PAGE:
The first Harvard Institute of Translational Immunology (HITI)/Helmsley Trust Pilot Grant RFA – focused on type 1 diabetes – is now available
Posted November 18, 2010
The Request for Applications (RFA) for the first Harvard Institute of Translational Immunology (HITI)/Helmsley Trust Pilot Grants in type 1 diabetes is now available on the Harvard Catalyst website.
Applications will be accepted once the application webform becomes available on December 2, 2010, and will be due on January 26, 2011 at 12:00 noon ET.
Any investigator with a Harvard faculty appointment, regardless of degree or institutional affiliation, is eligible to apply for these one-year, $50,000 to $200,000 grants.
This new funding opportunity is inspired by the winners of the Harvard Catalyst/InnoCentive Ideation Challenge, “What do we not know about type 1 diabetes.” Projects that address the five research areas identified through the Challenge will be given strong preference in the review process. The general topic areas are listed below (please see the RFA for full topic description):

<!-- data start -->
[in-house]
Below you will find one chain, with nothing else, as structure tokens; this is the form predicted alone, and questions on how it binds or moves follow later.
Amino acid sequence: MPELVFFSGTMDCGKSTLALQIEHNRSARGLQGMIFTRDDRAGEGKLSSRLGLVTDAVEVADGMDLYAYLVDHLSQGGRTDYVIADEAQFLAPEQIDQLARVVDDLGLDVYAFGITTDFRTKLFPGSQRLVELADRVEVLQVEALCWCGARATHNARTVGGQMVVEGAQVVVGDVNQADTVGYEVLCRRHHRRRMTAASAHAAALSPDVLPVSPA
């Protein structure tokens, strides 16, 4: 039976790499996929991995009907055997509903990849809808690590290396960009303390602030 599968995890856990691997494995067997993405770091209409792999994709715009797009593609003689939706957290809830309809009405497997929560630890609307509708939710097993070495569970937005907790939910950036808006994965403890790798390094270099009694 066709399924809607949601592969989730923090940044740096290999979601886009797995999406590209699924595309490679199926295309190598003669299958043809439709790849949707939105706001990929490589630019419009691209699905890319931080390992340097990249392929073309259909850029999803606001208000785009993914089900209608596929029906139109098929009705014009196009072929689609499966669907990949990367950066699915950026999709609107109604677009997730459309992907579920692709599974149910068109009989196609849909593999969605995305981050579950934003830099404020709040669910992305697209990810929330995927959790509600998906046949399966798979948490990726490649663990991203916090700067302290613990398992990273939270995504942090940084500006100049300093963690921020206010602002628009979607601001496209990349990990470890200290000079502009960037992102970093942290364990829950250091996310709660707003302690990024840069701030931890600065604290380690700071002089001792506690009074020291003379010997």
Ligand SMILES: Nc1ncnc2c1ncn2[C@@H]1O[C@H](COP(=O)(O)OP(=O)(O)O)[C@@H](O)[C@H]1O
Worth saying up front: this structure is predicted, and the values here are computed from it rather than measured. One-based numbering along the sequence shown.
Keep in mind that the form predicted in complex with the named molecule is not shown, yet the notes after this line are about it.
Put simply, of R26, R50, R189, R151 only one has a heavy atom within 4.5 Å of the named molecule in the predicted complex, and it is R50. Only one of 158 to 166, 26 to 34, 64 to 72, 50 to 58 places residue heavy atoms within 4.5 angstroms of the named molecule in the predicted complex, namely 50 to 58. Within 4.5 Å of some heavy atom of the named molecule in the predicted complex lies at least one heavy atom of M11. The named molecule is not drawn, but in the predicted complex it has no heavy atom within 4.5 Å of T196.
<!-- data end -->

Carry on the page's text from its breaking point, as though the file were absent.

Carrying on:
1. Discovering inciting autoantigens in T1D and evaluating the local inflammatory response
2. Creating novel approaches to therapeutics delivery for T1D
3. Developing novel monitoring devices
4. Identifying environmental and microbial contributions to T1D
5. Detecting biomarkers that are predictive of diagnosis, prognosis and response to therapy
For complete information about this opportunity, review the RFA.
HITI is a newly-established collaborative effort – recently announced by HMS Dean Jeffrey Flier, MD – which will bring together basic, translational, and clinical investigators from across the Harvard community to develop interdisciplinary approaches for elucidating mechanisms of immune-mediated diseases.
Established in 1999, the Leona M. and Harry B. Helmsley Charitable Trust continues Mr. and Mrs. Helmsley’s remarkable philanthropic legacy. The Trust supports a broad spectrum of healthcare and medical research-based programs, including innovative and collaborative funding for research on T1D.